Even though it seems all the forces of the world are against it, AT&T has vowed to keep pursuing the T-Mobile deal to the bitter end.
Invitations have been sent out for an event in New York City, promising that "T-Mobile and Nokia have something exciting in the works."
We are of course talking about the annual Consumer Reports analysis of mobile phone carriers in the US.
The latest and greatest Galaxy Nexus is about to go on sale from Verizon, but it won't include support for Google's mobile payment app.
Carrier IQ is finding itself under even greater scrutiny than its clients' customers, following allegations that its mobile tracking software is invading the privacy of phone users.
Carriers are piling in to insist that they're not snaffling user data by using Carrier IQ's tracking software.
New details are emerging about a plan that AT&T may resort to if it is ultimately unable to close the T-Mobile acquisition deal.
It isn't a good thing when a government-sanctioned entity is criticizing a company over a decision that the government needs to approve.
In what can only be seen as a last-ditch effort to save its proposed purchase of T-Mobile, AT&T is now willing to let some of T-Mobile's assets go to another company.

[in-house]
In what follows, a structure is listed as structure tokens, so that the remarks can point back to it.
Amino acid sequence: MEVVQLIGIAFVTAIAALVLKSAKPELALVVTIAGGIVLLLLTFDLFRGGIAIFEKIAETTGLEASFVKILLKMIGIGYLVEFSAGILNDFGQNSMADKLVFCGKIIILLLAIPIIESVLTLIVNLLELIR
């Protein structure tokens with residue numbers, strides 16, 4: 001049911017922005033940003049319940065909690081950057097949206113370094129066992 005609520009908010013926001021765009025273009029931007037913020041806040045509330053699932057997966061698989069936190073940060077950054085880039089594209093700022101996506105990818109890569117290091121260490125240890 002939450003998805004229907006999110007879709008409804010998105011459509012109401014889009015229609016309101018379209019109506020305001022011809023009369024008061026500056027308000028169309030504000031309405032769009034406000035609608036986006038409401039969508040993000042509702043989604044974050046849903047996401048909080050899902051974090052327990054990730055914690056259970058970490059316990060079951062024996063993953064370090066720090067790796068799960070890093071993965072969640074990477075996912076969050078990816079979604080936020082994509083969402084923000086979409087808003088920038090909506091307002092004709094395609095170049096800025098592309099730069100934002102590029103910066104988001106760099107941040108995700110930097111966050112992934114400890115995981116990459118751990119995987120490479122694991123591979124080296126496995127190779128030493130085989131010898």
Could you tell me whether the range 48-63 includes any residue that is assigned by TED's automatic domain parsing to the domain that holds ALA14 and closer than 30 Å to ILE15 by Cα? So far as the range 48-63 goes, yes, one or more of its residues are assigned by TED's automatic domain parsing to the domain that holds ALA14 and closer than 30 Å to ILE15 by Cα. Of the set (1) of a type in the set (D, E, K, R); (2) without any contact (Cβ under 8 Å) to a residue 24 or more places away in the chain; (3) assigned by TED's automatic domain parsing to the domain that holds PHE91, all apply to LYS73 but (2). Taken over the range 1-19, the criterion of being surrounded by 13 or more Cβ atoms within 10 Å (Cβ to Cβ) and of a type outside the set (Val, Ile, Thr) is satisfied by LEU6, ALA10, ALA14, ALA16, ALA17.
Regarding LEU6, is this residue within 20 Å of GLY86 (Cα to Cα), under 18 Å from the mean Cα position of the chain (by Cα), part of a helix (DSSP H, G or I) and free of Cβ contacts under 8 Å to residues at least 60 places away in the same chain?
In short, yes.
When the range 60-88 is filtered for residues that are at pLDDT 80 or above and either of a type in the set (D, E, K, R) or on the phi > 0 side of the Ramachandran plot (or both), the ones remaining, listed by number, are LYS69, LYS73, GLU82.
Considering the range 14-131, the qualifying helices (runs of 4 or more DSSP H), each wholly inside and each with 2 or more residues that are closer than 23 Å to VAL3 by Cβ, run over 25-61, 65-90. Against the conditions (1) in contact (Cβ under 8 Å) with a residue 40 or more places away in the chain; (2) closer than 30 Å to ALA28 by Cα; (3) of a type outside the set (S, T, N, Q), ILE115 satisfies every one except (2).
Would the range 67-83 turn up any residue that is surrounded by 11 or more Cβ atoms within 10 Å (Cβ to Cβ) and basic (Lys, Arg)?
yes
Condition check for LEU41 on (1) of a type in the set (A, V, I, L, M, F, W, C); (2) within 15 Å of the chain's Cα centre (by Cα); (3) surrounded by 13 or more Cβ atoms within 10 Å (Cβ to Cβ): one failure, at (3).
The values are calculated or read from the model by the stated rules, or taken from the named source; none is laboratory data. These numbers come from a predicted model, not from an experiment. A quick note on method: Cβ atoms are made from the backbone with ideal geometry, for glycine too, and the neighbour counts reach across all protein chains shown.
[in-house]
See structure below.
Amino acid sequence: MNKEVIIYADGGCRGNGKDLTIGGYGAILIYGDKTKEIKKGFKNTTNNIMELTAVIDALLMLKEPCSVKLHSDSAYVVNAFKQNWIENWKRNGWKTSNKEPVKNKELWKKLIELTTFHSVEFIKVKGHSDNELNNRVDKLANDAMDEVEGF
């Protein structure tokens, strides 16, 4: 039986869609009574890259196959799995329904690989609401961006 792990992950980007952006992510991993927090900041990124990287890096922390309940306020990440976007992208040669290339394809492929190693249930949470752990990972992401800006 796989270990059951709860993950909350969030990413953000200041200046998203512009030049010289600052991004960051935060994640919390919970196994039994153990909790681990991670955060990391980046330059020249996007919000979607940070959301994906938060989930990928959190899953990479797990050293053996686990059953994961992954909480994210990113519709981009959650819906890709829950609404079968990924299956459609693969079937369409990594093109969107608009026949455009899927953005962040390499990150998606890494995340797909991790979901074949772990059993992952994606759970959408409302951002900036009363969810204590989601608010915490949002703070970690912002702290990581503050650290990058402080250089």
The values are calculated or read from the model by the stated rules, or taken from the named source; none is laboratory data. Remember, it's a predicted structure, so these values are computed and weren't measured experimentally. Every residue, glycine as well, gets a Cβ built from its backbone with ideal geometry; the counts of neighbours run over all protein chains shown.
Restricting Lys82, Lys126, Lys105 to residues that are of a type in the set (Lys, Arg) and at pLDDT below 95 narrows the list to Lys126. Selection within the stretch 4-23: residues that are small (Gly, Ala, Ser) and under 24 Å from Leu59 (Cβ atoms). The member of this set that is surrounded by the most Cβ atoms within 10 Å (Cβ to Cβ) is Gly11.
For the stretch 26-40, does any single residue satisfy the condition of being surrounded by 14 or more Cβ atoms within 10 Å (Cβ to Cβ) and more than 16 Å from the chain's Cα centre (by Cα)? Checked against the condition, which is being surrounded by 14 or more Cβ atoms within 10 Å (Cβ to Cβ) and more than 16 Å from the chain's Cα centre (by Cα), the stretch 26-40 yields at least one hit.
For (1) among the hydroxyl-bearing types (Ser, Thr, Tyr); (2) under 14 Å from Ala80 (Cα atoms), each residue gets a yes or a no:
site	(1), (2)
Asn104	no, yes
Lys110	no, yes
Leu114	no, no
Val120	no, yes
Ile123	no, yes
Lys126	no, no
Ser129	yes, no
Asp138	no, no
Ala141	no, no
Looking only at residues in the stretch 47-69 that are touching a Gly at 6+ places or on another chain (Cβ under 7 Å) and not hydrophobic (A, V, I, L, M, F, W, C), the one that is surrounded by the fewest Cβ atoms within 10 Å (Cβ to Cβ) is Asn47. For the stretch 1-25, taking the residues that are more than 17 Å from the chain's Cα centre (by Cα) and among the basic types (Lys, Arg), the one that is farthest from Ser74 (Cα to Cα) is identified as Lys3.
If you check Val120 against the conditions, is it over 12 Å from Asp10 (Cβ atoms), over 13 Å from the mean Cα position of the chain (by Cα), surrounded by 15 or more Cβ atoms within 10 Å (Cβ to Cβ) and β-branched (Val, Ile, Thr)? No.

AT&T and T-Mobile have abandoned attempts to seek approval for a merger from the Federal Communications Commission.
The chairman of the Federal Communications Commission, Julius Genachowski, has said the proposed merger of AT&T and T-Mobile needs more scrutiny - the nearest the FCC can get to blocking the deal altogether.
As the only major carrier without an iPhone offering and one that is exceedingly muddled due to the AT&T buyout uncertainty, T-Mobile has a rough road ahead.
T-Mobile is testing an option that will allow customers to buy a tablet without paying for the entire thing up front.
AT&T has pushed back the date when it says it hopes the acquisition of T-Mobile will be a done deal. No duh.
Sprint will be allowed to sue AT&T over its plan to acquire fellow carrier T-Mobile, a plan that is continuing to face problems from the mobile industry and government regulatory agencies.
AT&T doesn't want Sprint near any courtroom that's involved in its attempt to acquire T-Mobile and become the largest mobile operator in the US.
If the FCC ever needs another reason to prove that its new "anti-bill shock" initiative is necessary for consumers, it need look no further than Celina Aarons.
AT&T has filed a motion to prevent Sprint from accessing confidential information related to the proposed acquisition of fellow carrier T-Mobile.
If it wasn't gaining so much attention from being sued by everyone, we would almost forget that AT&T is trying to buy out T-Mobile.
The ugly and growing spat between Apple and Samsung is becoming somewhat like a digital World War.